here it is wound up on the front beam:

below is the back apron rod. you can tell i’m pretty much done because this is the end of the warp, and it’s getting super close to the heddles.

you can also see my “fix” for a mistake in threading at the beginning of this strip. twills really benefit from a “floating selvedge,” a weft end on each side of the fabric that is not threaded through a heddle (so it doesn’t move up and down with the shafts). you wrap the weft around the floating selvedge on each shot in order to avoid long pieces of selvedge that aren’t incorporated into the fabric due to twill’s pattern. it’s a little hard to describe, but becomes readily apparent while weaving if you forget.

so, if you need to add a weft end in after you’ve already warped the loom, you can use a weight to hang the end over the back beam, giving it the same tension as the other ends. the weight i’m using is a thick block of kiln-formed glass i made in a class taught by my friend, glass artist sarinda jones (props to my mom, cindy, for the class!). i wrapped the yarn around the center of the block and held it in place with a rubber band. worked like a charm!

the fabric is hemstitched in yellow and cut off the loom:

all done and ready to be pulled off:

random stripes and tapestry moves

for the first strip of “grass,” i decided to randomly stripe the warp. i pulled simultaneously from about 7 spools of my 8/4 cotton carpet yarn and wrapped them on the warping board. then, when i was holding the cross and sleying the reed, i randomly picked a color to sley. this process gives a sense of continuity to the random stripe since the same colors occur within every 7 warps, but allows enough variation to keep it from looking overly planned. i LOVE the result, but have to say that beaming the warp (wrapping the warp on the back beam) was a pretty tangled process.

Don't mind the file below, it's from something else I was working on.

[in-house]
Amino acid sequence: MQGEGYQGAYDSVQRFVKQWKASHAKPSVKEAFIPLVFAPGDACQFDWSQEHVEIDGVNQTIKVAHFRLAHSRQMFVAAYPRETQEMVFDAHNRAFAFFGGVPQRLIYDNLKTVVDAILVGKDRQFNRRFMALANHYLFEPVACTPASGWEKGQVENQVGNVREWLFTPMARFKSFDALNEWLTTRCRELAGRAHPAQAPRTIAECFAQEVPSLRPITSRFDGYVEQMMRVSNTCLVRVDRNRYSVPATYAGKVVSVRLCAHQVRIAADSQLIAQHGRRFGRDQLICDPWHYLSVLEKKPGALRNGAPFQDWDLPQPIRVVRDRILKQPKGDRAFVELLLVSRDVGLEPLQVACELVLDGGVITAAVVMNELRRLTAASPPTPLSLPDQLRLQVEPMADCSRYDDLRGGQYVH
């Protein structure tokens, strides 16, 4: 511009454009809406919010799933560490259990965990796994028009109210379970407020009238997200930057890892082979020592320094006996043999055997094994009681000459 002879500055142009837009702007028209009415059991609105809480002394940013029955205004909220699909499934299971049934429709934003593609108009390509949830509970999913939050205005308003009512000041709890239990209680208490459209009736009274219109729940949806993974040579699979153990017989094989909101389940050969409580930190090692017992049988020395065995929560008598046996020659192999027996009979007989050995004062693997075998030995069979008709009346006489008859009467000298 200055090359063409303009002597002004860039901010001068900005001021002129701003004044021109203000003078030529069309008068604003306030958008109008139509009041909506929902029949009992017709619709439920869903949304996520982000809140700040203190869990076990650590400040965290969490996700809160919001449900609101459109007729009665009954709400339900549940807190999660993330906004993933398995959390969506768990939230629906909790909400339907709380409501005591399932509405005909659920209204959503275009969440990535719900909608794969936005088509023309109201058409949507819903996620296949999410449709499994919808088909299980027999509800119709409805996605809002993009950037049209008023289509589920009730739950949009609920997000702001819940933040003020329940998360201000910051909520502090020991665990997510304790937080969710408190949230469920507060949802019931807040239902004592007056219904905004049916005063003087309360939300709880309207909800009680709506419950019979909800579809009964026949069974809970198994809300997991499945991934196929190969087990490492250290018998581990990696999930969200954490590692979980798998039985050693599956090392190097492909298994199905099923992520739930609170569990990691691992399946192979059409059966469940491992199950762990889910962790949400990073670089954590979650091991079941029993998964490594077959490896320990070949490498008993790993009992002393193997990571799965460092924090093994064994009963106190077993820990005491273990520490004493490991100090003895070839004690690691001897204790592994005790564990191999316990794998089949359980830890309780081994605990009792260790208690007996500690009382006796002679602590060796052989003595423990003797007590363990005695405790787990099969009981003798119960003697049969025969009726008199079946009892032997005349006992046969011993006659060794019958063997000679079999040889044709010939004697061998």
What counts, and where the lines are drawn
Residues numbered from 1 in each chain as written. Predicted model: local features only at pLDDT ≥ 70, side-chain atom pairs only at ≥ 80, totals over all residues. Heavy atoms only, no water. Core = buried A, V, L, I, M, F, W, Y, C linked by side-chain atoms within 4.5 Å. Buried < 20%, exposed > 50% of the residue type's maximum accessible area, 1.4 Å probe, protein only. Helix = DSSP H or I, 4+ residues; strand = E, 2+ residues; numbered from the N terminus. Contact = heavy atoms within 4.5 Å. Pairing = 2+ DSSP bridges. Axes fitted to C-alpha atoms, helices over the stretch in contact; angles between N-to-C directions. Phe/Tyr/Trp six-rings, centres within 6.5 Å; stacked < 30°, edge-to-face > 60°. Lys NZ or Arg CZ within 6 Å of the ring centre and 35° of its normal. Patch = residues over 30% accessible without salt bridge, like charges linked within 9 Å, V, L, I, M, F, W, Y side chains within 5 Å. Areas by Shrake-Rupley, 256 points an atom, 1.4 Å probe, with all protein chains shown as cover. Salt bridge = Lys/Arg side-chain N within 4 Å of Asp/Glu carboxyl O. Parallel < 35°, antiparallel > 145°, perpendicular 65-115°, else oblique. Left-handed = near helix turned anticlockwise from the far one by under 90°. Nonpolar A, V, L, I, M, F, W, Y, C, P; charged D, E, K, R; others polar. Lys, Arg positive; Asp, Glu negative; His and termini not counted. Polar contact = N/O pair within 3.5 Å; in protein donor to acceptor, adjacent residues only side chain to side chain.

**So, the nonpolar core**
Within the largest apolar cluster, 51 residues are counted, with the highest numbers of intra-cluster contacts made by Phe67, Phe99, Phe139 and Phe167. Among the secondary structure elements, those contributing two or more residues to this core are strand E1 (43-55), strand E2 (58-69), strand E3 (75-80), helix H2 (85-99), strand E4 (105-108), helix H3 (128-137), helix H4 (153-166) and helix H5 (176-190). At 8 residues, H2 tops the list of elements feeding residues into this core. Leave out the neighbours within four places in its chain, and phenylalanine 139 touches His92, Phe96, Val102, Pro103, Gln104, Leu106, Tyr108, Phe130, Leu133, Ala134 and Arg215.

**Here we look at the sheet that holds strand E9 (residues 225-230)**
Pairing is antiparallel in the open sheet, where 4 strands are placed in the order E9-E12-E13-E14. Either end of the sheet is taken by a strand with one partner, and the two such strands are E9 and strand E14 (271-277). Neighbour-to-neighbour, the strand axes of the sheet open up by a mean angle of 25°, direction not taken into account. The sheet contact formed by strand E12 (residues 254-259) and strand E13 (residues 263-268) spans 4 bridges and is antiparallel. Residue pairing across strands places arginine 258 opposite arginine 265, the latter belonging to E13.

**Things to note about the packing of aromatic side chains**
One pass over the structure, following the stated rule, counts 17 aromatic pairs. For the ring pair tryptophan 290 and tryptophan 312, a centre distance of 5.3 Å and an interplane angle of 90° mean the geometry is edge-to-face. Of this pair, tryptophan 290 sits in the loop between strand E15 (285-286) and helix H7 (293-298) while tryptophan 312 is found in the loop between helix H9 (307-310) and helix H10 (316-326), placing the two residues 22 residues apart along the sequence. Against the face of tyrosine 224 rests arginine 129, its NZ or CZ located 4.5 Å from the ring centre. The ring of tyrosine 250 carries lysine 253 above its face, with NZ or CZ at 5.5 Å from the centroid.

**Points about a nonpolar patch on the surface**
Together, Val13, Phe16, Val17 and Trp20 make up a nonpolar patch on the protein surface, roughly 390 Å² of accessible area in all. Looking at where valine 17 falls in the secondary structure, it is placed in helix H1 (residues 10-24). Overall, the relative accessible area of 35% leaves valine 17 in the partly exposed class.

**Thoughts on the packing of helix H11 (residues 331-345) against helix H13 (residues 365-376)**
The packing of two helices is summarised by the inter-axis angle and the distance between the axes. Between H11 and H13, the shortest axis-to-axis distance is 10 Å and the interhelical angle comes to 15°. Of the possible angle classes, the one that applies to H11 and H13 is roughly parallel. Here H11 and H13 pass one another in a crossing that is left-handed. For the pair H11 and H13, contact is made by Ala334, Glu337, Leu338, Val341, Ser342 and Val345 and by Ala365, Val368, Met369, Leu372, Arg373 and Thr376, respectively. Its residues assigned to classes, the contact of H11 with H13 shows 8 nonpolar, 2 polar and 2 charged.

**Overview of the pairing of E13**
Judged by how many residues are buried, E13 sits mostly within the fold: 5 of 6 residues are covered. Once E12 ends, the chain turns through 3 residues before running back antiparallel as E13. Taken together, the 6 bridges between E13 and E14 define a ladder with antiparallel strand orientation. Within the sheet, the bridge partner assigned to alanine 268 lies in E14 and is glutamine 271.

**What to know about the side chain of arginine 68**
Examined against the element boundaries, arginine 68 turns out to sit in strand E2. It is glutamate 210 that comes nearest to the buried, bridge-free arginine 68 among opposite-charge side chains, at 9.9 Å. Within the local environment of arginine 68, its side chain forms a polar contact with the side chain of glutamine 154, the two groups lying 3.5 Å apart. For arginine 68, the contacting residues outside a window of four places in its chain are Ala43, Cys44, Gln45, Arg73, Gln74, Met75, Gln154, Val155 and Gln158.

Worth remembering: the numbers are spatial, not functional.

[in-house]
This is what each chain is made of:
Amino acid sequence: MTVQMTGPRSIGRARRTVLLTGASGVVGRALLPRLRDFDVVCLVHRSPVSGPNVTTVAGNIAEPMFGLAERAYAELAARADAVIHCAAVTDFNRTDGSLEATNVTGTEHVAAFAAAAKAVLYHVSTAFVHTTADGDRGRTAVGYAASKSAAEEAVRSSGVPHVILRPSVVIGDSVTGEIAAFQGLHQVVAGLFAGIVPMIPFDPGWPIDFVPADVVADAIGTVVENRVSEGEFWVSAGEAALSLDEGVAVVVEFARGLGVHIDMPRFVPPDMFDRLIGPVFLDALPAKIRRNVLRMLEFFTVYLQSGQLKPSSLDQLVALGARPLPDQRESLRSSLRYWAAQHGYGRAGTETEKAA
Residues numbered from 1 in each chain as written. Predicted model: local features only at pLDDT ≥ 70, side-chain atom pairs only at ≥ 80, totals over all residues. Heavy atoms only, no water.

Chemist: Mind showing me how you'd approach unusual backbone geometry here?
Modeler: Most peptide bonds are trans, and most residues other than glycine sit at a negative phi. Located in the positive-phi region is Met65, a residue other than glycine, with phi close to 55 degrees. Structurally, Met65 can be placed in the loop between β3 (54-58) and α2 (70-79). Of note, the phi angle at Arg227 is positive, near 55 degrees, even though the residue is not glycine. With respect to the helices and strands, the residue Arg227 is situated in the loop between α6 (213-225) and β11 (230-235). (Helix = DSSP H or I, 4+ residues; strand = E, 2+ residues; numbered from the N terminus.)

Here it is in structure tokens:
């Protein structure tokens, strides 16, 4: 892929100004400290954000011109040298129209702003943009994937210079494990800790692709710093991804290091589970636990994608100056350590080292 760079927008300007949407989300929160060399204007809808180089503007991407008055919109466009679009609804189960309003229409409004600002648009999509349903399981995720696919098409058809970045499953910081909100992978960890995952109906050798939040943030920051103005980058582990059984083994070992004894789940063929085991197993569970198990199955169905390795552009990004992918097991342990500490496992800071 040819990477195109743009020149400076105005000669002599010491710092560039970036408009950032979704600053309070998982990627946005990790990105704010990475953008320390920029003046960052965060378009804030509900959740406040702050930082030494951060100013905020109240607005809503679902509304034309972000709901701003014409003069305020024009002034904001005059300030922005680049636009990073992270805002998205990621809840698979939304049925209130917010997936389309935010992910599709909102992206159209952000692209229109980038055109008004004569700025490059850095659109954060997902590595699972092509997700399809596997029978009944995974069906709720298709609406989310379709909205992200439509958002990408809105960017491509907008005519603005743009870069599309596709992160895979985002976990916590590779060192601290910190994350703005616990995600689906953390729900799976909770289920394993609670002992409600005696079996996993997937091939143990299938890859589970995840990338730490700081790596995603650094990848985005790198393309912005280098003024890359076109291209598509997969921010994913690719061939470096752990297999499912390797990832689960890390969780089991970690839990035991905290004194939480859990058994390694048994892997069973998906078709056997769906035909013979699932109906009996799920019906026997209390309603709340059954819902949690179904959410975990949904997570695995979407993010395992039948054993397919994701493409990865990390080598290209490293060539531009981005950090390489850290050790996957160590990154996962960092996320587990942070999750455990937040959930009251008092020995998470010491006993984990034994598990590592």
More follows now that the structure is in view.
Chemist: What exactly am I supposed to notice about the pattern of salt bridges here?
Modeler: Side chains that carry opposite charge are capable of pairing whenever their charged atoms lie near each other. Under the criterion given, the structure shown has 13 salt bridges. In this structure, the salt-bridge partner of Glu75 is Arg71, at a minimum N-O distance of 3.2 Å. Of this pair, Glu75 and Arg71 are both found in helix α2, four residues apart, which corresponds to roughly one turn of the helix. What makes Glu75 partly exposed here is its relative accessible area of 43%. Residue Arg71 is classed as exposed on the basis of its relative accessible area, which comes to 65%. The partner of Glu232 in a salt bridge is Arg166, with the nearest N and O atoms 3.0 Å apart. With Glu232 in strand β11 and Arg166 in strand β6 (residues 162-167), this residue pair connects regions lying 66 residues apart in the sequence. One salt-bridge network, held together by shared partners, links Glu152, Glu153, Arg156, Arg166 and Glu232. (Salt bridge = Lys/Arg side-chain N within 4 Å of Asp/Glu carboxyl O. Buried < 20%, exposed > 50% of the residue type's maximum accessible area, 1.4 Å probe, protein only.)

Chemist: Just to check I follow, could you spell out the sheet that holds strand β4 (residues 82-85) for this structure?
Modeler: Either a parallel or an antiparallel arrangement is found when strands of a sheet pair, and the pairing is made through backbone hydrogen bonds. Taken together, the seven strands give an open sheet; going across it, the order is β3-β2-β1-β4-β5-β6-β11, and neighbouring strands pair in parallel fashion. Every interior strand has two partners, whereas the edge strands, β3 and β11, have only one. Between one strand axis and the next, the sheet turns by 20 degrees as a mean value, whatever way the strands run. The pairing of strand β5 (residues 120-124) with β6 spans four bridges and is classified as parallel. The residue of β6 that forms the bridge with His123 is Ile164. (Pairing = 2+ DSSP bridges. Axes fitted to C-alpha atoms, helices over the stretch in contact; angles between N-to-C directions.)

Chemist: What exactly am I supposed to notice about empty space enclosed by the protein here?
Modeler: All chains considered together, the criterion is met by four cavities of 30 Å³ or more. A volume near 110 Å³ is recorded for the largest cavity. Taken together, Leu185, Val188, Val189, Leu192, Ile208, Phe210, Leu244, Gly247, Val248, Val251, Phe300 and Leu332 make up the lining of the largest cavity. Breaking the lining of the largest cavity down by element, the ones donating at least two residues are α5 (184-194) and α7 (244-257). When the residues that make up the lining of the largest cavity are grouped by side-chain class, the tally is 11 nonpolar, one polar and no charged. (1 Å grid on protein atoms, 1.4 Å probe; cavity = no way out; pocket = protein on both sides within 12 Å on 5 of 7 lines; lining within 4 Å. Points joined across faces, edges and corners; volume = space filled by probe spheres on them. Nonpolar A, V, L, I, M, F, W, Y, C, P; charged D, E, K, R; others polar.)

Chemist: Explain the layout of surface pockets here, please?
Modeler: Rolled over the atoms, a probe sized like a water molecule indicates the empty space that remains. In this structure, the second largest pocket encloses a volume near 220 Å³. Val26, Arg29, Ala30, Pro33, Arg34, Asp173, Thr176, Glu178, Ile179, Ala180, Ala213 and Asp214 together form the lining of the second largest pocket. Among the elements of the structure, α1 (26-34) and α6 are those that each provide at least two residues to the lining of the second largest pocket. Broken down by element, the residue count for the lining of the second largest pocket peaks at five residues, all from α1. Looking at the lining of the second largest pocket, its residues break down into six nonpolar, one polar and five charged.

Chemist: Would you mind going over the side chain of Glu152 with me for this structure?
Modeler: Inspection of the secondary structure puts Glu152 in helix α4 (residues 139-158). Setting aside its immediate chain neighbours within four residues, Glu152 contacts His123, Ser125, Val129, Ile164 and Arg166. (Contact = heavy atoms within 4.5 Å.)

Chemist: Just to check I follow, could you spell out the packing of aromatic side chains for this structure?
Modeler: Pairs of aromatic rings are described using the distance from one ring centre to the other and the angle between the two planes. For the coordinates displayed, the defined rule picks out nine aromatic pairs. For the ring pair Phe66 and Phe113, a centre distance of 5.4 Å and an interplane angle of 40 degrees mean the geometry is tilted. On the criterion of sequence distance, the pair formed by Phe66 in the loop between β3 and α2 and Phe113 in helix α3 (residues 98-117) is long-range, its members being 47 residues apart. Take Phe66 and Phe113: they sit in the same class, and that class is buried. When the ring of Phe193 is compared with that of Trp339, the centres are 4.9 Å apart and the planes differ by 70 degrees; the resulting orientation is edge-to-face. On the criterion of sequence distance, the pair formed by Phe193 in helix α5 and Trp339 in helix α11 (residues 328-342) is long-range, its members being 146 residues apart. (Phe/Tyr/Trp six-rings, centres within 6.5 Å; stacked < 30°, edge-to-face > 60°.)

about halfway in to my 8′ length on this warp, i decided to play around with some tapestry moves to create a little “flower patch.” to begin with, i pulled two colors of yarn in, one from each side, and wrapped them around each other before beating. then i open the next shed and take each yarn back out to their respective edges:

i also tinkered with three colors:

i really like the process, but because of the deadline i have for this project, i don’t think i’ll be doing much more of it. it takes much more time. pretty cool, though!

hemstitching and cleavage

for those paying attention, this post is a dead giveaway that i am blogging with old information… catching up with myself, as it were.

here is a great photo of shilo’s cleavage as she hemstiches the plaid sky in preparation to take it off the loom (i also hemstitch at the beginning of each piece, right after it goes on the loom):

for some reason, hemstiching in red is one of my favorite parts of the whole process… something compelling about how neatly it binds the edges. i like edges in general. i’d like to experiment with more edge and binding techniques, but for this project, since the edges will be hidden, there’s really no point.

why red? with the colors i use, the contrast appeals to me. it reminds me of blood, flowers, molten lava, berries, arteries. shocking and good and necessary.